Soybean production has become a significant force for economic development in Brazil, but has come at the cost of expansion into non-protected forests in the Amazon and native savanna in the Cerrado. Over the past fifty years, production has increased from 26 million to 260 million tons. Area planted to soybeans has increased from roughly 1 million hectares in 1970 to more than 23 million hectares in 2010, second only to the United States.For more than three decades, deforestation in the Amazon has been driven by the expansion of pasturelands for cattle production. Pasture area also expanded rapidly because soils found throughout much of the region are poor in nutrients following forest slash and burn, and crop production cannot be maintained in the face of degradation of soils and lost vegetation productivity. In the late 1990s, multi-national corporations such as Cargill began investing in infrastructure throughout the south-central Amazon. New river ports, fertilizer and mechanization have fueled explosive growth in the crop agricultural sector, especially for soybeans. For example, in the State of Mato Grosso, soybean agriculture has increased at a rate of 1,000 to 2,000 km2 per year since 2000, making it the fastest growing form of land use regionally. Much of this deforestation is now being driven directly by conversion to soybean fields, the soy oil and meal from which are being used largely by the growing industrial livestock sector in Brazil, China, India, and other countries around the world.In the same period that soy agriculture has boomed in the Brazilian Amazon, the power of satellite monitoring technology has also gone through a revolution. Since 2000, it has been possible to monitor not only rates of deforestation on a weekly basis (it was done annually prior to 2000), but also to differentiate between forest areas cleared for cattle pasture or crop agriculture. In addition, selective timber harvests of intact forests - a geographic precursor to deforestation - can now be monitored annually. Using the NASA Terra, Landsat 7 and Earth Observing-1 satellite sensors, it is now possible to measure the location and extent of pasture, cropland and timber harvesting across the entire Amazon. These measurements are vital to understanding not only the dynamics of land-use change in a large and poorly regulated region of Brazil, but also the impacts of these changes on ecosystem function. We will use seed funds from this project grant to advance the satellite-based measurements of soybean expansion in the Amazon.While these satellite-based measurements can now tell us the extent and rate of change, we also require on-the-ground measurements to evaluate the consequences of these changes. There has been substantial research on the biogeochemical and climatic consequences of forest conversion to pasture in Amazonia, but less ecosystem-level research on the now-dominant soybean system and its consequences. These consequences are likely to include changes in soils and soil fertility, fluxes of trace gases that function as greenhouse gases or as precursors to photochemical smog, and runoff of nutrients and sediments to aquatic systems. In addition, the energy requirements of the intensive agricultural system can themselves drive deforestation for fuel - and the nutrients mobilized in agricultural products move in international trade and can cause water and air pollution where they are used. We will work with Professor Luiz Martinelli (University of Sao Paulo) and his students to begin the development of integrated nutrient budgets for the forest to soybean conversion, and its ancillary effects.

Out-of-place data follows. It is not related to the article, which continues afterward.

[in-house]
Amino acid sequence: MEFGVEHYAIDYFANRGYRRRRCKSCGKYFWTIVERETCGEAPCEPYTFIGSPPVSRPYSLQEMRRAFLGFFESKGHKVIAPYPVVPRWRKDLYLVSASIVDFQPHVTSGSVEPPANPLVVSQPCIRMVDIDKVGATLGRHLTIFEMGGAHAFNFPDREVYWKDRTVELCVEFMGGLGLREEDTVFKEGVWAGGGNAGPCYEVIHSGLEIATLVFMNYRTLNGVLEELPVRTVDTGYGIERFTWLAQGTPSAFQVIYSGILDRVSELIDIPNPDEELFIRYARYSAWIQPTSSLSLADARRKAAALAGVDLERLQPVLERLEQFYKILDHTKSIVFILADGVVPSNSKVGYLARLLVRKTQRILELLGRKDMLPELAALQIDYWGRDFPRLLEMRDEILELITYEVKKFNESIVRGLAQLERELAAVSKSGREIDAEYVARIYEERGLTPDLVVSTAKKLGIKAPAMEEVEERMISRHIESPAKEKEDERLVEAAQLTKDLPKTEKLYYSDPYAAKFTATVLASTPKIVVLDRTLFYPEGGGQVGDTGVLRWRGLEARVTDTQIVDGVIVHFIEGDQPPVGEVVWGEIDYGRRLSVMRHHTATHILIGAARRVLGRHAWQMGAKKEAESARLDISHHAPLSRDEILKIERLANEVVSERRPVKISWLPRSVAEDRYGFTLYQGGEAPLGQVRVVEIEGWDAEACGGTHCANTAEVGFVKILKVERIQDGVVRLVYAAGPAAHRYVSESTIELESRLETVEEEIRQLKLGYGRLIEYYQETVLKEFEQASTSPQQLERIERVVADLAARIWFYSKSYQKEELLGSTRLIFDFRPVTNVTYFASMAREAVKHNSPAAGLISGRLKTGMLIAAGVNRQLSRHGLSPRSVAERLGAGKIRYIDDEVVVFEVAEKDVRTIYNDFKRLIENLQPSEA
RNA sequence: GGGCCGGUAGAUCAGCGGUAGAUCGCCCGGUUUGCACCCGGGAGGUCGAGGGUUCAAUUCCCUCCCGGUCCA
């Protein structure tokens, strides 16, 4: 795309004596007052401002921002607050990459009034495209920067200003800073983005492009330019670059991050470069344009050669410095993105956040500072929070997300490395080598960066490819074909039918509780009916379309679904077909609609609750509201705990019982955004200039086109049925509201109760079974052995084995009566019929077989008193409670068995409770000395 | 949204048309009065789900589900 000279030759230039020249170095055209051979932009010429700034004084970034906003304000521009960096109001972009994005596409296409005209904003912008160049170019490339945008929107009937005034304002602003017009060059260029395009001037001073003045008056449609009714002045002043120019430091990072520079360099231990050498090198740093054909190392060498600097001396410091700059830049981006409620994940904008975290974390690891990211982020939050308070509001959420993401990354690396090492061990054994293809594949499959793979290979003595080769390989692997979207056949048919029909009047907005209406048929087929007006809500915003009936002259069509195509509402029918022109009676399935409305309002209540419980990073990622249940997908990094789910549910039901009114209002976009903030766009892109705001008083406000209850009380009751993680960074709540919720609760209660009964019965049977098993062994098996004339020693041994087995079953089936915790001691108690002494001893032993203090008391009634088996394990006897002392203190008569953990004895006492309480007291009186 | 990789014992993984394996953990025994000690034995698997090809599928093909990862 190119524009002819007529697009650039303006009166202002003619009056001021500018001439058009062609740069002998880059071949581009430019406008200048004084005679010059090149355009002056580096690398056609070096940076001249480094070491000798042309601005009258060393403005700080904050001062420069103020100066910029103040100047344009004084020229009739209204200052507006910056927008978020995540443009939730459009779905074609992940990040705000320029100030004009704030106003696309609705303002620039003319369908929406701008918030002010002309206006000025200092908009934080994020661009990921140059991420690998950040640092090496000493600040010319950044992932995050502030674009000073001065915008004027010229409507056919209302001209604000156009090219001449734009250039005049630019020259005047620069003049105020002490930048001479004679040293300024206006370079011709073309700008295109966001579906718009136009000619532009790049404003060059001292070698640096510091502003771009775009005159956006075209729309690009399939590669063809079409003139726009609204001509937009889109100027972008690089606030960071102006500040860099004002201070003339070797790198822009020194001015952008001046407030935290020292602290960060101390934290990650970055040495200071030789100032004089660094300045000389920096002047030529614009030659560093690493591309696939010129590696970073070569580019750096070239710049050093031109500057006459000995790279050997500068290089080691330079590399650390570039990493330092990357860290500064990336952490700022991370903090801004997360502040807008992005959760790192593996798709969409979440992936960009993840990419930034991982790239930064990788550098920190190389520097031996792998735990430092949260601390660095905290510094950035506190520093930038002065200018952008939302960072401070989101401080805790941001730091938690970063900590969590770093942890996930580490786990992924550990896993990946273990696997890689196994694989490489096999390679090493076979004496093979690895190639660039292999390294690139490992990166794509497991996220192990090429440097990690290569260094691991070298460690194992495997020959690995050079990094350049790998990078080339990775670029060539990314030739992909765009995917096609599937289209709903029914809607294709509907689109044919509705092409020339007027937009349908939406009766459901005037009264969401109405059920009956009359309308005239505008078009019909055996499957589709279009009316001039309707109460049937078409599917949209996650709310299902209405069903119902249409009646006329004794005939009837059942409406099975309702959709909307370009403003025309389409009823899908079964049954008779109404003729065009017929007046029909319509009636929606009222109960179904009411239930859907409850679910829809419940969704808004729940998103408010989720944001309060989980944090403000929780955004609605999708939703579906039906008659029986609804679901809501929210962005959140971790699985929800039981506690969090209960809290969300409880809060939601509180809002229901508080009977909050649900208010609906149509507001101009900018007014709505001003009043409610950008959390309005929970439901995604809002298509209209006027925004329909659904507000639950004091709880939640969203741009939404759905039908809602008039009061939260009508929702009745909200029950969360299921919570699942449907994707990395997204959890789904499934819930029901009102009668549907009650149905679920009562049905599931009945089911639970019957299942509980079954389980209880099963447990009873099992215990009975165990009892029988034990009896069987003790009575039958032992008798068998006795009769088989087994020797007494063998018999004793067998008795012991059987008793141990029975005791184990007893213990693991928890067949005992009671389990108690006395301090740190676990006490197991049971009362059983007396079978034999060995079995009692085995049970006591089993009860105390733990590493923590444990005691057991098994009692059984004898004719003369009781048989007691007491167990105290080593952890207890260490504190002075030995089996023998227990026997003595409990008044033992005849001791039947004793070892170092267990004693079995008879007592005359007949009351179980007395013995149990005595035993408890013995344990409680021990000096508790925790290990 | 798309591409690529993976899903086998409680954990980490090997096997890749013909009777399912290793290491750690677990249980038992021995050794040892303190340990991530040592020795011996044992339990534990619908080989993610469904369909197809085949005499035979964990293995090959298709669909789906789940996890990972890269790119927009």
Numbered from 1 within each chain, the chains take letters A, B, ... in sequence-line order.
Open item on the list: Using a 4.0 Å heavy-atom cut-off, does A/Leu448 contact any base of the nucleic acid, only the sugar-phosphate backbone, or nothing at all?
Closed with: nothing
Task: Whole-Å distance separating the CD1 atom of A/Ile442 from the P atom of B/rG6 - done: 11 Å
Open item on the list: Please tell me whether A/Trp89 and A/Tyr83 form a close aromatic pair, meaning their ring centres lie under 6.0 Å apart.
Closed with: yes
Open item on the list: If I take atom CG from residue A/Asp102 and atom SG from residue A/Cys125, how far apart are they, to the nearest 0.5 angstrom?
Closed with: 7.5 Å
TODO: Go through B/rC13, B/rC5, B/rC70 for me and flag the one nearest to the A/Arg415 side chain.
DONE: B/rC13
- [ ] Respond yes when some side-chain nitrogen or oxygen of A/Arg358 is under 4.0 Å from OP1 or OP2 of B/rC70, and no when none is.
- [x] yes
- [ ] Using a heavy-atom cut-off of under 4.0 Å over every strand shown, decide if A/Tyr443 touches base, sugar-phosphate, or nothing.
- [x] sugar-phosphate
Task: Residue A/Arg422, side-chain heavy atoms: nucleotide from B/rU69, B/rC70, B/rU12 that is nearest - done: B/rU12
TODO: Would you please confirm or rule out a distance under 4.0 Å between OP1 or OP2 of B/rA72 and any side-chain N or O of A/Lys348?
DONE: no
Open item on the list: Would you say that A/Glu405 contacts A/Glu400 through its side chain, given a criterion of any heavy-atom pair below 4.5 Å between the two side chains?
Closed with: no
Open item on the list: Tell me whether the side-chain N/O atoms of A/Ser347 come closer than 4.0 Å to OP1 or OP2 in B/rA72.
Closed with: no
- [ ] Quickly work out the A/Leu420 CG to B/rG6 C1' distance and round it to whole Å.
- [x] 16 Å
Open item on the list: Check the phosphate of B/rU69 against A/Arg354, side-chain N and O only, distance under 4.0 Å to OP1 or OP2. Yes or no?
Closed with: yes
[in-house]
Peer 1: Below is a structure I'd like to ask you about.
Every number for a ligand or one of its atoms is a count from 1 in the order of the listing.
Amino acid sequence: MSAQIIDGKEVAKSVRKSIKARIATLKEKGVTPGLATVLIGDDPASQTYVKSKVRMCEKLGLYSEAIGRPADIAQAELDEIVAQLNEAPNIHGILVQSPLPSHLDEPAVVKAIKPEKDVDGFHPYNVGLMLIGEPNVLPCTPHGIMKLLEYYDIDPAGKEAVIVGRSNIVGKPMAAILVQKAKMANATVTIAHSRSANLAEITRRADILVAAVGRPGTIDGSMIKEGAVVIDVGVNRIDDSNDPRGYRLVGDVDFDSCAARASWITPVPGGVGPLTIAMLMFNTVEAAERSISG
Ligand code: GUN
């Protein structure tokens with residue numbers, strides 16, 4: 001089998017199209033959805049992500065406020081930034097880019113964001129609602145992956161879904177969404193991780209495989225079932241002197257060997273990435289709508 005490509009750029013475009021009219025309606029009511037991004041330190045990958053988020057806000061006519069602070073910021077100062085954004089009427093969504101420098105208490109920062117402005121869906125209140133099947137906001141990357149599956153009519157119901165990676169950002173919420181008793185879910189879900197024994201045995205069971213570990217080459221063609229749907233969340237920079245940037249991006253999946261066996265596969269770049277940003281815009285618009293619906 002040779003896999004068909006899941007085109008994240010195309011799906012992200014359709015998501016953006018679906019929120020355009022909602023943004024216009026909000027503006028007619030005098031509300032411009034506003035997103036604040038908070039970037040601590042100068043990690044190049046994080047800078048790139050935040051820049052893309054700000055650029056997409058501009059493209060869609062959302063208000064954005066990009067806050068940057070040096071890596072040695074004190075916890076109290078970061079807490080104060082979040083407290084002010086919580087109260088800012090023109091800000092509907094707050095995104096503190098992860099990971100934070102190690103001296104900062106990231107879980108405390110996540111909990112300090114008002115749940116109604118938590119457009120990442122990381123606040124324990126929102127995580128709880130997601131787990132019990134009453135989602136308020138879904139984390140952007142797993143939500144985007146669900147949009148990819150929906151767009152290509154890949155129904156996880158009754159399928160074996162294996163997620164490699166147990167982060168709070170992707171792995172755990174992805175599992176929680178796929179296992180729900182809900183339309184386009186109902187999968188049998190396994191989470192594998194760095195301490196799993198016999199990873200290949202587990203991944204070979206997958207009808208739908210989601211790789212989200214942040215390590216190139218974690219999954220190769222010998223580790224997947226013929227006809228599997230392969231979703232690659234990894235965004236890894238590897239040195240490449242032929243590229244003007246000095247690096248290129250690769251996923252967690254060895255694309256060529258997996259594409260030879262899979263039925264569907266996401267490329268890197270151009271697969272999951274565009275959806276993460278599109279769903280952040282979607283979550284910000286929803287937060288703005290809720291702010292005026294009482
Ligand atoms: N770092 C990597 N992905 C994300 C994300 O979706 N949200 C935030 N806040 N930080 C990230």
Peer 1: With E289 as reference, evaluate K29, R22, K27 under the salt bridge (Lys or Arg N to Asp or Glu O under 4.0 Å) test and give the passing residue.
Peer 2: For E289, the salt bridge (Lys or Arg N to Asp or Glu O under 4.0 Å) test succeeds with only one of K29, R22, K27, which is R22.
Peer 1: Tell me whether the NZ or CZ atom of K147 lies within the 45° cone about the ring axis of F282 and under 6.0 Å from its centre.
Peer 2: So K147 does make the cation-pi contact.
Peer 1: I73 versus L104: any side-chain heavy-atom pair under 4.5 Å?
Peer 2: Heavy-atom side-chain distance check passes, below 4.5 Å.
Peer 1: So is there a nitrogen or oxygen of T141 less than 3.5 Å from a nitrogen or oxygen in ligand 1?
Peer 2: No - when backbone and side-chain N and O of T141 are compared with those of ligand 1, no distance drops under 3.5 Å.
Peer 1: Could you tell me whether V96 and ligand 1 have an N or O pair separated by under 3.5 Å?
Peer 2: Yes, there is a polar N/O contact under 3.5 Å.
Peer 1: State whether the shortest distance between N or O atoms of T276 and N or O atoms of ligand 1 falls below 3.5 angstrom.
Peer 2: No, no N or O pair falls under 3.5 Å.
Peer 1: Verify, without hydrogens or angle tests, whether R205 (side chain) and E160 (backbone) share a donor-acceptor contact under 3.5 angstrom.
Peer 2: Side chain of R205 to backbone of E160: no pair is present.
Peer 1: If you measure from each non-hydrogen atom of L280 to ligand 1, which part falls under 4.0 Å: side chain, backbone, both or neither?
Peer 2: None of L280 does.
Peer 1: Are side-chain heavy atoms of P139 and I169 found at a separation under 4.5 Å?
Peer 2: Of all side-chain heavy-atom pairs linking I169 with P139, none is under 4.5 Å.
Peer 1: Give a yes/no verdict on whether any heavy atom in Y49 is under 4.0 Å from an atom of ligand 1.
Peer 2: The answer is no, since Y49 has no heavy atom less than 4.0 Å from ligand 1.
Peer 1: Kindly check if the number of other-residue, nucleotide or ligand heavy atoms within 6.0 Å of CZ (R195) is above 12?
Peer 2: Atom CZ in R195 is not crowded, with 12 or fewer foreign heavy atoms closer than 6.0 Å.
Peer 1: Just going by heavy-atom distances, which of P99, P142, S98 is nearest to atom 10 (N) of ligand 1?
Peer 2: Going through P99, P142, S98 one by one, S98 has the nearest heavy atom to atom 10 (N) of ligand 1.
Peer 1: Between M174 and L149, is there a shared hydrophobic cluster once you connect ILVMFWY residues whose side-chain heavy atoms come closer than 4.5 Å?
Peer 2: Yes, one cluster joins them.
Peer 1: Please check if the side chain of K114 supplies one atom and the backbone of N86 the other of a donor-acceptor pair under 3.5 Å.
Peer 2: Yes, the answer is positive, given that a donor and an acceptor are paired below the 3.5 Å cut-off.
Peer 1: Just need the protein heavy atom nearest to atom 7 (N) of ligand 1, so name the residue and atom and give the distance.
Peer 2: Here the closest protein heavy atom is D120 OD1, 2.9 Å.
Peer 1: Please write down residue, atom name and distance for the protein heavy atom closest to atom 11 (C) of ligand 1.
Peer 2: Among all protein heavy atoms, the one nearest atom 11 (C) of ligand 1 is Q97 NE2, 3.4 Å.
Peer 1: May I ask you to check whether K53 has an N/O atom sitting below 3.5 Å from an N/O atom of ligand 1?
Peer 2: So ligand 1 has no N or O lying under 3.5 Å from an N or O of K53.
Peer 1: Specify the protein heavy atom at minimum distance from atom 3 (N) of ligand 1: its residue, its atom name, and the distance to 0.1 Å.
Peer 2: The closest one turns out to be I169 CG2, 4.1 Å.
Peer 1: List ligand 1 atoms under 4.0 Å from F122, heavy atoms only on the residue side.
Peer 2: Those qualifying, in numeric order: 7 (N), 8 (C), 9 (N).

Human exposure to lead in the environment causes irreversible impairment of intellectual function. In Bangladesh, where some rural residents have unexpectedly high levels of lead in their blood, the source is proving difficult to pinpoint. This project will evaluate the severity of lead poisoning in rural Bangladesh and identify the pathway of exposure to help develop focused prevention strategies. This study is designed to provide important evidence to support policy responses that reduce lead from the environment, not only in Bangladesh but also in other regions where lead contamination is a known risk to health and development.
FSE and the Institut Pierre Simon Laplace (IPSL) in Paris have joined together to foster undergraduate and PhD training and research on the effects of climate variability on wheat markets. This includes ongoing interaction with the Stanford-France student body in Paris via classes and field visits.
Given China’s demographic changes, evolving nutritional requirements, and dominant role in global fisheries, the key question is whether marine ecosystems can be managed adequately to support the country’s future vision for domestic food security. The symposium will be directed toward research on the provision of wild fish for direct human consumption and for animal feeds. Research on China’s aquaculture sector will also be featured; this component of the symposium will focus on the ability of aquaculture to satisfy the country’s rising seafood demand (potentially taking pressure off wild fisheries) and on the use of wild fish in aquaculture feeds (potentially increasing pressure on wild fisheries).